Winter is approaching and that means farmers will be spending more time indoors. Each year in the United States approximately 25,000 people become sick by accidental carbon monoxide poisoning. Of that number, about 500 people die.

Carbon monoxide is an odorless, colorless gas which is produced as a byproduct of burning carbon-containing fuels. These fuels include kerosene, natural gas, propane and wood. When a person breathes in carbon monoxide, it interferes with the body’s ability to absorb oxygen. This causes symptoms that begin as merely unpleasant but can quickly escalate to life-threatening. In fact, people may have irreversible brain damage from carbon monoxide poisoning before anyone detects a problem at all. Carbon monoxide poisoning also can damage the heart.

The sources of carbon monoxide poisoning include appliances such as boilers, central heating systems, gas fires or water heaters. A car running an enclosed space such as a garage also can lead to carbon monoxide poisoning.

We often hear stories of people dying of carbon monoxide in their homes but farmers are at a high risk when working in their machine sheds or shops. Grain bins also can harbor carbon monoxide. In the spring and summer, the doors and windows to machine shops and sheds are usually open but that is not the case in the winter. And when there is a lack of proper ventilation, there is a risk of succumbing to carbon monoxide poisoning. The highest risk to farmers comes when tractors or other vehicles are running inside.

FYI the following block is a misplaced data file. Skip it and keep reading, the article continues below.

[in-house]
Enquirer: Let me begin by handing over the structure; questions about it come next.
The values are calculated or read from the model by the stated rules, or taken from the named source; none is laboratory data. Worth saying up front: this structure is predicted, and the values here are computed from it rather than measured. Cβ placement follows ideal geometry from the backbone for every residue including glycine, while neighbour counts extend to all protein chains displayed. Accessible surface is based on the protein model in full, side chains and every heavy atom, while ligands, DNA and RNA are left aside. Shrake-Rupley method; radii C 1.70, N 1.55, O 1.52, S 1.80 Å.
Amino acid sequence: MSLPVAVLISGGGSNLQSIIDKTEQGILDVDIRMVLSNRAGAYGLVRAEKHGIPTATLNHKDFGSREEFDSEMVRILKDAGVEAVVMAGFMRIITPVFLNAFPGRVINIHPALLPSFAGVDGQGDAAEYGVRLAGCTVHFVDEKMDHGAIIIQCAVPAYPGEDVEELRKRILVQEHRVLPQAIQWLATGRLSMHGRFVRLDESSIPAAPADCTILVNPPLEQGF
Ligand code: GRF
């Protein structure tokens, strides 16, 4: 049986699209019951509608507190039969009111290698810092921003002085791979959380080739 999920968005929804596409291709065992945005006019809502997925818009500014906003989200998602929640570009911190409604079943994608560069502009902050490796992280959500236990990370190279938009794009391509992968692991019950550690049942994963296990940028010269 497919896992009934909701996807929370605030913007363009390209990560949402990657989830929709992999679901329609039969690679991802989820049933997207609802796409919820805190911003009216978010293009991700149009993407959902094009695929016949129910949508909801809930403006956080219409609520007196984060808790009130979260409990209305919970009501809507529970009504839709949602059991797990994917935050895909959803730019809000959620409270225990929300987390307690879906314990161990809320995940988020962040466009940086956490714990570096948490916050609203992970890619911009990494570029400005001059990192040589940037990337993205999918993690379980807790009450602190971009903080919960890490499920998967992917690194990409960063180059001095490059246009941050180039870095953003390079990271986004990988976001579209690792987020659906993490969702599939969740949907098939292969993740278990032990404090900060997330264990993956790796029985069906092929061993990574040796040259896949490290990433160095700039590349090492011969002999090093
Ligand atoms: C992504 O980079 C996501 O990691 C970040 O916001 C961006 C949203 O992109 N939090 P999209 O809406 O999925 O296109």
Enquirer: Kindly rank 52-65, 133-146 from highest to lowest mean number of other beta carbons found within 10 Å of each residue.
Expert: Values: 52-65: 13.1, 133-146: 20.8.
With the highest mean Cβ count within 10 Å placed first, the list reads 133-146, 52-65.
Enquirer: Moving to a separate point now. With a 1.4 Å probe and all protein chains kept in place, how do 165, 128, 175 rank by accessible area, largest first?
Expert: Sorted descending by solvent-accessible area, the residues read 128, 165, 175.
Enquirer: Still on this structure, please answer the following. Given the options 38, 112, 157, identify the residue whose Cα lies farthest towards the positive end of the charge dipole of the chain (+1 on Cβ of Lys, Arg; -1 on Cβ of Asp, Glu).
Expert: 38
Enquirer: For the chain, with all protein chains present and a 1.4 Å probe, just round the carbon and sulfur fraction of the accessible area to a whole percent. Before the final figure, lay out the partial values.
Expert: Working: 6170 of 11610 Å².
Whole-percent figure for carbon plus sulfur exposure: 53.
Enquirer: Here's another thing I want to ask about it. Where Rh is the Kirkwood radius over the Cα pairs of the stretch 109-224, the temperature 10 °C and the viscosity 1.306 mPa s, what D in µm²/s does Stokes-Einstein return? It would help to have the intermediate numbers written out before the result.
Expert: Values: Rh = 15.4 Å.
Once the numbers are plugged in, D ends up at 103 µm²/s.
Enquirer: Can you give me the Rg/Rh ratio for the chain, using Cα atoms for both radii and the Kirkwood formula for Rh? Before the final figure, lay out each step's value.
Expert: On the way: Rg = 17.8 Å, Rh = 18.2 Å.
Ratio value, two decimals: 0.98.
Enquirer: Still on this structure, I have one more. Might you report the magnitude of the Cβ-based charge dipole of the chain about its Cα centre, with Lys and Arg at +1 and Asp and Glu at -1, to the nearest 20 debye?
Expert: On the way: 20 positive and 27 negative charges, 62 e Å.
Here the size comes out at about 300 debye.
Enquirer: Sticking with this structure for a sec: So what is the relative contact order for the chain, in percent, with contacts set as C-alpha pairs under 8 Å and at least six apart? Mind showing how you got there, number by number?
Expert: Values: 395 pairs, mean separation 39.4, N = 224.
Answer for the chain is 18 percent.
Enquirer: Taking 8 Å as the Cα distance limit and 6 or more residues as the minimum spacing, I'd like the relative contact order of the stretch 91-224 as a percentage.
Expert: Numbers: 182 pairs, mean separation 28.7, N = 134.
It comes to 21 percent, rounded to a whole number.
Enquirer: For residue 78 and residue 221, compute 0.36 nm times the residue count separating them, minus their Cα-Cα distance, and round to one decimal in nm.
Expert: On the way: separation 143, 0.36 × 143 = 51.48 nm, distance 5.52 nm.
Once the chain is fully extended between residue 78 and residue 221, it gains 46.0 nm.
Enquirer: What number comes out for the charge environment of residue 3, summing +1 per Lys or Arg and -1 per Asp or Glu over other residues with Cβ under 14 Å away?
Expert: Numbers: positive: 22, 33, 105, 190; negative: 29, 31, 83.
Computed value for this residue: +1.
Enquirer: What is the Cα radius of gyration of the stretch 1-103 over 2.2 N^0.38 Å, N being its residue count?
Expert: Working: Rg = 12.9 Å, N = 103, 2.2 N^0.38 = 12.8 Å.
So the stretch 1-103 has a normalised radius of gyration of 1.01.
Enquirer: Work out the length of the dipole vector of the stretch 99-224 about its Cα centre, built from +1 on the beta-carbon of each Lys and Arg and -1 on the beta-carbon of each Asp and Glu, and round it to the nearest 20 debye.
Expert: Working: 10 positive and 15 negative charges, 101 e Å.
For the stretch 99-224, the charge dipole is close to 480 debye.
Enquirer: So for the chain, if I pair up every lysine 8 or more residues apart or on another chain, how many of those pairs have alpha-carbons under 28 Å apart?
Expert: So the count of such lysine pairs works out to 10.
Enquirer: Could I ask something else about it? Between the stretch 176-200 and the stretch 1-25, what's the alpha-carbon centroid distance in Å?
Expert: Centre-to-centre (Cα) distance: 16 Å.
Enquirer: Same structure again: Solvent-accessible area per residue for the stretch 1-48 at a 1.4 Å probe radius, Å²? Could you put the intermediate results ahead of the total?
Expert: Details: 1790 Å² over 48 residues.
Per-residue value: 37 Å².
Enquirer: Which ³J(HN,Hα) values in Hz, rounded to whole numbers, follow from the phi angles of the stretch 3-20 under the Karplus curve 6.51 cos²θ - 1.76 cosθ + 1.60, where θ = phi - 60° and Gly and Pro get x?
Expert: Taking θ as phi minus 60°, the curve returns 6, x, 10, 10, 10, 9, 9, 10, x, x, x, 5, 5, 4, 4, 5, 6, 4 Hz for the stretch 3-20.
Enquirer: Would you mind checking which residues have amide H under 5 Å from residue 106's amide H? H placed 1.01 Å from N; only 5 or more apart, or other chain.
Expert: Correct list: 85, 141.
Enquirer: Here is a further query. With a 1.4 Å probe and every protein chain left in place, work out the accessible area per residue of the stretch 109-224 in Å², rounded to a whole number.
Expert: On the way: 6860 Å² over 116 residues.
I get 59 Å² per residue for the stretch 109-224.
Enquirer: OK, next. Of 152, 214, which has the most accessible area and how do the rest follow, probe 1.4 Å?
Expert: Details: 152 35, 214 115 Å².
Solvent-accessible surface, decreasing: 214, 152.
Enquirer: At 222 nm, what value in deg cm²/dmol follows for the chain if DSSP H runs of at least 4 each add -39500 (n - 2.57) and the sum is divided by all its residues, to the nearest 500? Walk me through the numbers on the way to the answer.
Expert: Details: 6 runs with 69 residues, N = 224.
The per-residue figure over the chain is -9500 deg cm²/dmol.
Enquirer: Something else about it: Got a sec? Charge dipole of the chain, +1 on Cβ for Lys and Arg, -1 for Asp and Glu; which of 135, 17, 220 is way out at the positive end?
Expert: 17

It is important that farmers know the signs of carbon monoxide poisoning so they can protect themselves and those around them. Anyone who experiences any of these symptoms and may have been exposed to carbon monoxide and should go outside for fresh air and immediately call 911. The symptoms of carbon monoxide poisoning include:

  • Blurry vision
  • Confusion
  • Dizziness
  • Headache
  • Loss of consciousness
  • Nausea
  • Shortness of breath
  • Vomiting
  • Weakness

While carbon monoxide poisoning can be deadly, preventing it is relatively simple. One of the most important steps to preventing carbon monoxide poisoning is to install carbon monoxide detectors. While most people have these in their homes, farmers also should install them in their machine sheds and workshops. It also is important to keep all fuel-burning appliances and engines properly vented and in good repair and refrain from running a generator in an enclosed space such as a machine shed.